It was the first time I’ve visited my mother’s grave, though she died two years ago. I kept telling myself I would go there. It was easy to come up with reasons not to go. It’s a three-hour drive. I don’t want to go alone. My grief is still too fresh.
For two years, I dragged my feet. And then on October 14, 2023—exactly two years from her death—my husband and I finally made the three-hour drive to Laurel, MS. It is a beautiful cemetery replete with large old trees and winding roads. My mother was cremated, her remains buried at the foot of her twin sister’s grave.
My aunt died in 1990, and I noticed the difference in the two headstones. My aunt’s is faded, and her gravesite has a large dip in the middle. “That’s settling,” the caretaker said. “We will take care of it this week.” My mother’s headstone looks new, like my father’s.
I thought I knew what I would say to my mother, but something else came out of me. It flowed out of me like a faucet turned too high. Perhaps it was the Holy Spirit guiding my words. He knew what I need to say. I stopped trying to understand and just let it happen.
I told my mother that I forgive her. I am not angry with her anymore. I feel sad for all the pain she endured, and I understand her in a way I haven’t until now. I couldn’t understand before because I was reacting to her instead of accepting her.
My mother and I are similar in some ways. Not really in personality but in the deeply embedded childhood wounds we both carried. These wounds caused us to struggle, mostly because we didn’t feel loved or accepted. We didn’t believe we were enough.
There is a saying I’ve heard in support groups that used to rankle me: “Our parents did the best they could with what they had.” I thought it was a cop out. Every time I heard it, I wanted to say, “No they didn’t! They didn’t give their best at all.”
But I was wrong. The saying makes perfect sense to me now. My mother did do the best she could. The issue is her best wasn’t what I wanted. I expected Super Mom’s best.
I’ve spent most of my life wanting my mother to love me a certain way—wanting to feel nurtured and cherished by her. I wanted a mother who would be there when I got home from school, who’d ask me about my day, who’d dress my wounds. I expected her to make me feel adored and the center of her world.
Throughout my adult years, I longed for us to have deep conversations and be best friends.
As I stood at her grave, I realize that my mother also wanted this from her mother. She never got it. Her mother was a strict disciplinarian and prone to pointing out her child’ faults, not strengths. She provided for her children’s physical needs, but emotionally she was distant. My grandmother was more an efficient taskmaster than a nurturer. Children were built-in servants to be managed.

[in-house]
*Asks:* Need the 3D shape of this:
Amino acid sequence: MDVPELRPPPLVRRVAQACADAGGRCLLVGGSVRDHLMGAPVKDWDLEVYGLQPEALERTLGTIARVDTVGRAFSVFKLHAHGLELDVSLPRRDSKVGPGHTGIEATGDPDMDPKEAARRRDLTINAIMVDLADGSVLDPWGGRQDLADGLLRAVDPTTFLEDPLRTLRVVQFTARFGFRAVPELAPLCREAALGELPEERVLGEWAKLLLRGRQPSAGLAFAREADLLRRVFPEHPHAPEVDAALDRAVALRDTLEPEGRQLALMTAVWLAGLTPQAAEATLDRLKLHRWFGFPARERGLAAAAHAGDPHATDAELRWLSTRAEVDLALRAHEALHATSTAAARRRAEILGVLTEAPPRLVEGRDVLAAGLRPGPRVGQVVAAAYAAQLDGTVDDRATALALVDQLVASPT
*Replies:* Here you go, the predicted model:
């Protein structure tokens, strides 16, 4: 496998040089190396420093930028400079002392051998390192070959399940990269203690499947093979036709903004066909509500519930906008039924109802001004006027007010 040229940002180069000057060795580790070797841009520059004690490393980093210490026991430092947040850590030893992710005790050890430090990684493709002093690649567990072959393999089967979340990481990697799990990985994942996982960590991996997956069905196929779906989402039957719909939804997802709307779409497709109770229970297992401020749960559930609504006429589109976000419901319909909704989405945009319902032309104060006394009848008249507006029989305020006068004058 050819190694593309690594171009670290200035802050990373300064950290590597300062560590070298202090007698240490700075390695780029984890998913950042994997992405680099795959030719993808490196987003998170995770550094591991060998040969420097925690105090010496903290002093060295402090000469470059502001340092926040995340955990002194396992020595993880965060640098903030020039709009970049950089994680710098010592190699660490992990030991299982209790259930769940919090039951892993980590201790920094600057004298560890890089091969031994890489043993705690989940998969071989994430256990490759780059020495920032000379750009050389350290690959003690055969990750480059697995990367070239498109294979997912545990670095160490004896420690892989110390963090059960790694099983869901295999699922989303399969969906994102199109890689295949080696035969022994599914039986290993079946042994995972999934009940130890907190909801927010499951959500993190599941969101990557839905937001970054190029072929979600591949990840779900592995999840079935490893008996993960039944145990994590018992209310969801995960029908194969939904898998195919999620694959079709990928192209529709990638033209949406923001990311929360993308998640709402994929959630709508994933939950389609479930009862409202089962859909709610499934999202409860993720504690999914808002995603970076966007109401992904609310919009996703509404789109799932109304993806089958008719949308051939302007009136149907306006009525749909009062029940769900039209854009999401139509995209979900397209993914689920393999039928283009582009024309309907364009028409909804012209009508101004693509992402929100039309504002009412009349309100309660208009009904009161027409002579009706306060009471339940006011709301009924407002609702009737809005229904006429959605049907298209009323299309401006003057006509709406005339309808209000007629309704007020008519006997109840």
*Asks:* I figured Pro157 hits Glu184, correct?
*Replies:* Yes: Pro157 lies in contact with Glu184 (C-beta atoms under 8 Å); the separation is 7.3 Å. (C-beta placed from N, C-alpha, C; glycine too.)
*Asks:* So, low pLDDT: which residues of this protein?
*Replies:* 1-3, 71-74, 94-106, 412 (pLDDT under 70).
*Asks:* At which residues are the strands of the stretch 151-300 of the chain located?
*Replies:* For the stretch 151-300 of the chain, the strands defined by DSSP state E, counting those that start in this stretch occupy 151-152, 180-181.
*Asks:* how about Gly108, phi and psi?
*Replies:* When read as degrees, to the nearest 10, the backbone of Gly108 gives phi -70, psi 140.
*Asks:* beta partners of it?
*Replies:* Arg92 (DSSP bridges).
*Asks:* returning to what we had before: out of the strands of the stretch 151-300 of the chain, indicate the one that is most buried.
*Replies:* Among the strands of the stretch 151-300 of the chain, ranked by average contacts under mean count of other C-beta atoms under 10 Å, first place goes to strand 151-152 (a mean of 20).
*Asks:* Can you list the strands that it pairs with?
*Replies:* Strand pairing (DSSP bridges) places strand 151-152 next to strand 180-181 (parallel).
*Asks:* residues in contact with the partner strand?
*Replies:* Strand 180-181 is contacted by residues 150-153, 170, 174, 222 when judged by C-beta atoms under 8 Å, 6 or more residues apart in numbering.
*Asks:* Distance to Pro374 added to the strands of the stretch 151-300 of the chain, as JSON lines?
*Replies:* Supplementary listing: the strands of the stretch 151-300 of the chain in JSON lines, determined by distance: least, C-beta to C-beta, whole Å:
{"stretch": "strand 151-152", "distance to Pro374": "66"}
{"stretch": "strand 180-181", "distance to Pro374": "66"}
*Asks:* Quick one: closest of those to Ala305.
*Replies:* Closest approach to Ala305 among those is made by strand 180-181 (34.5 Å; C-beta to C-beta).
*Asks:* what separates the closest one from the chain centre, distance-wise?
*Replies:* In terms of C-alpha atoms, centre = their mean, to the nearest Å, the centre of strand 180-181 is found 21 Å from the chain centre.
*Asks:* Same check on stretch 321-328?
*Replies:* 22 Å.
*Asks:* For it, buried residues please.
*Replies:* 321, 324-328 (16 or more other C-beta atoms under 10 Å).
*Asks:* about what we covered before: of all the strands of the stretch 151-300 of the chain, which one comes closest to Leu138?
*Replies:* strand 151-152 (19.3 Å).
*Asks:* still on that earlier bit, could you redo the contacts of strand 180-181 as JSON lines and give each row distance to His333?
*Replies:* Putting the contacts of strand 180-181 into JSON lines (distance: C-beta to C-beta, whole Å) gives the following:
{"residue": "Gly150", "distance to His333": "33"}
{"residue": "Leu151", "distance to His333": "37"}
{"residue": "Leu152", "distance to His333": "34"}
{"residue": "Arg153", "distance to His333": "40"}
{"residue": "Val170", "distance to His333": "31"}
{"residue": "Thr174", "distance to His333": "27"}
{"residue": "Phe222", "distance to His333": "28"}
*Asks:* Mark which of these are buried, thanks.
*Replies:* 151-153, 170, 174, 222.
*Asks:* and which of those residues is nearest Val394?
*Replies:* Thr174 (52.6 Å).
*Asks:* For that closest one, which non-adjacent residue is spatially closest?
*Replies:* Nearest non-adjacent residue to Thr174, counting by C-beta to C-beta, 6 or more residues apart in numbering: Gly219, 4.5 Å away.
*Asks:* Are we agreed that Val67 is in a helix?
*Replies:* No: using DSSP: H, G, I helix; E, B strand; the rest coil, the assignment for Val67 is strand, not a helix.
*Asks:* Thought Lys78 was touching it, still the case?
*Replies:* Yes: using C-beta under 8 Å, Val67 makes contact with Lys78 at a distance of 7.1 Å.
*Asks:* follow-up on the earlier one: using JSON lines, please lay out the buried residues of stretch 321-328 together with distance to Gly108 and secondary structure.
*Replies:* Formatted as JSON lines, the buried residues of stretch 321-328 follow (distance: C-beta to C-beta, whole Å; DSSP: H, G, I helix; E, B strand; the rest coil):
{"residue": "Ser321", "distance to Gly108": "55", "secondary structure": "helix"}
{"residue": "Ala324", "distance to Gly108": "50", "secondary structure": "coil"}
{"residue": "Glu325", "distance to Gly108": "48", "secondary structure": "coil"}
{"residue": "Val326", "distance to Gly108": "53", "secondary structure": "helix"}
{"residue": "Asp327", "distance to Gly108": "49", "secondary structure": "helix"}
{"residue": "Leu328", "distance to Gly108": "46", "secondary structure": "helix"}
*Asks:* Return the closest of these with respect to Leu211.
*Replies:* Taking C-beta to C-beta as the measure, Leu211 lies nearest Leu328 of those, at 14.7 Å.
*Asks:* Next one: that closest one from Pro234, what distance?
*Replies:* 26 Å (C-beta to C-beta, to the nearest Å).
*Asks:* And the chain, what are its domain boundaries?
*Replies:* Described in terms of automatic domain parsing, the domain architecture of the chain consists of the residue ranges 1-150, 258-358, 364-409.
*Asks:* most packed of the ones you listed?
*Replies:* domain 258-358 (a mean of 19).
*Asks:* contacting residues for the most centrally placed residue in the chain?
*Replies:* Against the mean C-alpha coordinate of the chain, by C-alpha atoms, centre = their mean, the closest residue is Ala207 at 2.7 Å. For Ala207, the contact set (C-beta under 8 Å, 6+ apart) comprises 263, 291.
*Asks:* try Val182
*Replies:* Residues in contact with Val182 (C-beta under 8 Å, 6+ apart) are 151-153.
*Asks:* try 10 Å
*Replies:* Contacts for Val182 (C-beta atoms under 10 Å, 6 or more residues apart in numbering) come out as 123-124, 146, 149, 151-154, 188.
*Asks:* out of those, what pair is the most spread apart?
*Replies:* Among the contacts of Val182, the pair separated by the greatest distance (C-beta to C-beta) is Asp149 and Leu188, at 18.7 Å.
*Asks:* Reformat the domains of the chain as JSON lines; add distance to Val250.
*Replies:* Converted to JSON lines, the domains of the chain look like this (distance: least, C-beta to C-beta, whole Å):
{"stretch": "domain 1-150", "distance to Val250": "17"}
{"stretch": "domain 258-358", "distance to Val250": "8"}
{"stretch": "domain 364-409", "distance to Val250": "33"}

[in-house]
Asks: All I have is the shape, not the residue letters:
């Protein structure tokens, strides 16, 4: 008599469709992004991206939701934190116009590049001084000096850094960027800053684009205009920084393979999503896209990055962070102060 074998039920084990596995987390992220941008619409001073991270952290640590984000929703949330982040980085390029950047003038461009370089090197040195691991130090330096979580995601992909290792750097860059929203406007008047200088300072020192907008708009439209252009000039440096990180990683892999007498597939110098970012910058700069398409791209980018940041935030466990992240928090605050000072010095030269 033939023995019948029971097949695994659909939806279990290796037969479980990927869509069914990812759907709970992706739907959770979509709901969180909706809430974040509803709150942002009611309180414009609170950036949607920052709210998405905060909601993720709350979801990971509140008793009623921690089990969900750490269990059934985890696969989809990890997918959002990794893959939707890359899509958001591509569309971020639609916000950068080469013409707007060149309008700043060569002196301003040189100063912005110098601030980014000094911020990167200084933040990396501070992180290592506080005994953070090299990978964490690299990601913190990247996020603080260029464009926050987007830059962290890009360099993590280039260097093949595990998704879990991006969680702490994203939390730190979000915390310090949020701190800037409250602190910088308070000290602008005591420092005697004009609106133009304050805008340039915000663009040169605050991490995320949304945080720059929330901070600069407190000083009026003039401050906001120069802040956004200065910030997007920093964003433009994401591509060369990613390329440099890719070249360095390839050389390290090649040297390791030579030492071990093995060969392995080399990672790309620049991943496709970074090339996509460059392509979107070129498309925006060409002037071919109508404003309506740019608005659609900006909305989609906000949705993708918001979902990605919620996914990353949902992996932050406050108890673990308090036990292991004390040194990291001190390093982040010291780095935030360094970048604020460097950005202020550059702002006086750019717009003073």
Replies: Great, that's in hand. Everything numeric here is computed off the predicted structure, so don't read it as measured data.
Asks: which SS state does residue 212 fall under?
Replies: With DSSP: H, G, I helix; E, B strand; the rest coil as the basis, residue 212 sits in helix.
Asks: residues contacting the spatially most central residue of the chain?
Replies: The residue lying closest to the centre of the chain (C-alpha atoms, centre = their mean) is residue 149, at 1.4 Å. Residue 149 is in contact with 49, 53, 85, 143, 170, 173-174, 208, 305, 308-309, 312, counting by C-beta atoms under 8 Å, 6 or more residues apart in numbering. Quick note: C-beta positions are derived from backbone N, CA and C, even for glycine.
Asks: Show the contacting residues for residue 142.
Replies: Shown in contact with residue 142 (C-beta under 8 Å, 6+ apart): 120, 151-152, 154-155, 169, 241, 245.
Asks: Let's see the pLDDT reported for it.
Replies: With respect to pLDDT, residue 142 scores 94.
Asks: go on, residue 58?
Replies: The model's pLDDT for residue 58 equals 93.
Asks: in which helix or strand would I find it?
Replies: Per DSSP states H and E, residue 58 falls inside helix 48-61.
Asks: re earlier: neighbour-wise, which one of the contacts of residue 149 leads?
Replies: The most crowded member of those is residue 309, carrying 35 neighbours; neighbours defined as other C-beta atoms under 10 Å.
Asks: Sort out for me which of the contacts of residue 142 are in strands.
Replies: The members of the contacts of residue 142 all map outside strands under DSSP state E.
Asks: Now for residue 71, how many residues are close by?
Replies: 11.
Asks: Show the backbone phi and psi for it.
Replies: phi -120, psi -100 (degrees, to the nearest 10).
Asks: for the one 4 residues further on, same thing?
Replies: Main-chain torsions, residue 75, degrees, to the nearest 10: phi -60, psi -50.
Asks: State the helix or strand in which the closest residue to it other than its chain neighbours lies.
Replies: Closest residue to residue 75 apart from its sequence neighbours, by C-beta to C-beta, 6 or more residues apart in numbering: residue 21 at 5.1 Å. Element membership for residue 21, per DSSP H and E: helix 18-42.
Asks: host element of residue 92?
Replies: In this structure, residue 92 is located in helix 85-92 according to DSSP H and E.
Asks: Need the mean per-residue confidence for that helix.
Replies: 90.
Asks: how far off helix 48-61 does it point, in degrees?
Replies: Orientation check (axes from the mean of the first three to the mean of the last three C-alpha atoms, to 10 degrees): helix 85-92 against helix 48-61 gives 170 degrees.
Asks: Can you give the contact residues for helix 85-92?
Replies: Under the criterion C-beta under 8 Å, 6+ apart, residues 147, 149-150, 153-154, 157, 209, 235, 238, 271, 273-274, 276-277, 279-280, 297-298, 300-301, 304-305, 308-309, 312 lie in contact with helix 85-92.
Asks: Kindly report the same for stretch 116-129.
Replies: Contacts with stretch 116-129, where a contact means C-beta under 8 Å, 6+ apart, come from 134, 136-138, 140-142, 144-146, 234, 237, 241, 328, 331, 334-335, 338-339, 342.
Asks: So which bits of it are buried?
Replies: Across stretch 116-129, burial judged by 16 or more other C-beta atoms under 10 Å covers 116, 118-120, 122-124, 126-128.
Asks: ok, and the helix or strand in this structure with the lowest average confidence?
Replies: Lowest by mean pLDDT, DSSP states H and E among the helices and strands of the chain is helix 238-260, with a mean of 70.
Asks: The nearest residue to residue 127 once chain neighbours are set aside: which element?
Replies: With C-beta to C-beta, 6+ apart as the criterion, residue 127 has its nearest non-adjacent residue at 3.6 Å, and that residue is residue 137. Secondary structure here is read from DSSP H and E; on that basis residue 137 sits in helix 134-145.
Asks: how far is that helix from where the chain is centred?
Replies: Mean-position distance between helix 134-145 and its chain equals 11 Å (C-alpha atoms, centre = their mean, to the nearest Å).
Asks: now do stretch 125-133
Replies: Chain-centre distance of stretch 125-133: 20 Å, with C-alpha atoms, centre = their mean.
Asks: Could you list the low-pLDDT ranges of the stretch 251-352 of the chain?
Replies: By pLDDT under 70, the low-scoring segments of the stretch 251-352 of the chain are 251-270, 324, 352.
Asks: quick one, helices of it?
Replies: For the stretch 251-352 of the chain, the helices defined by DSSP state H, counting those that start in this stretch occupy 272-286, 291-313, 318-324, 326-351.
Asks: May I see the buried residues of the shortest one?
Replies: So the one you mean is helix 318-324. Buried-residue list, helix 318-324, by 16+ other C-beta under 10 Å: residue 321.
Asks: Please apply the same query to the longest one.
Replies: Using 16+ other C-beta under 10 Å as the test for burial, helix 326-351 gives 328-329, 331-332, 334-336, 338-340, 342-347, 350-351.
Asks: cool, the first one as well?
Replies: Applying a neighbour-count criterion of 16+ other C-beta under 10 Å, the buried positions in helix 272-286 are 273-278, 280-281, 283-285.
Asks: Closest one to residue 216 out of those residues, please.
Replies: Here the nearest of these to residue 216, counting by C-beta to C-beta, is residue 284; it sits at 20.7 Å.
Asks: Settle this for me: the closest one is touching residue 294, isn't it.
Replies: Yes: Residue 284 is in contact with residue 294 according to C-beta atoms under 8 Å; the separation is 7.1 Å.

Raised in this environment, how could my mother have turned out differently? She did not feel loved by her mother, so how could she be expected to show love to her own children? She showed it in the ways she had learned—by teaching obedience, servitude and manners. In my mother’s mind, a good mother taught her children to be responsible and respectful. They were not coddled; they were equipped.
After a lifetime of longing for my mother to meet my expectations, I have arrived at a different place. I see her as a little girl—a sweet child who wants to crawl into her mother’s lap. She wants to feel loved and protected, but she’s told to get to work, to go away.
She never attached to her mother, because my grandmother wouldn’t allow it. So my mother went through life trying to fill this void within her. Sometimes her efforts were destructive to herself or others. Other times she was in such despair that she didn’t realize what was truly motivating her. And up until the day she died, she wrestled with intense loneliness.
My oldest sister also struggled with these issues, as have I. We were the result of a pattern repeated from my grandmother to my mother. And I’ll bet it started even before my grandmother, with my great-grandmother.
This pattern perpetuates never feeling enough. Not pretty enough, thin enough, successful enough, good enough. I am ready to break the pattern.
Another saying I didn’t like was “She loved in her own way.” I disliked it because I wanted my mother to love me in my way, not hers. But as I stood at her grave, I sensed the Lord telling me something. She did love me. The way she loved me was enough. I am enough. And in all the other ways I wanted to be loved, He loves me.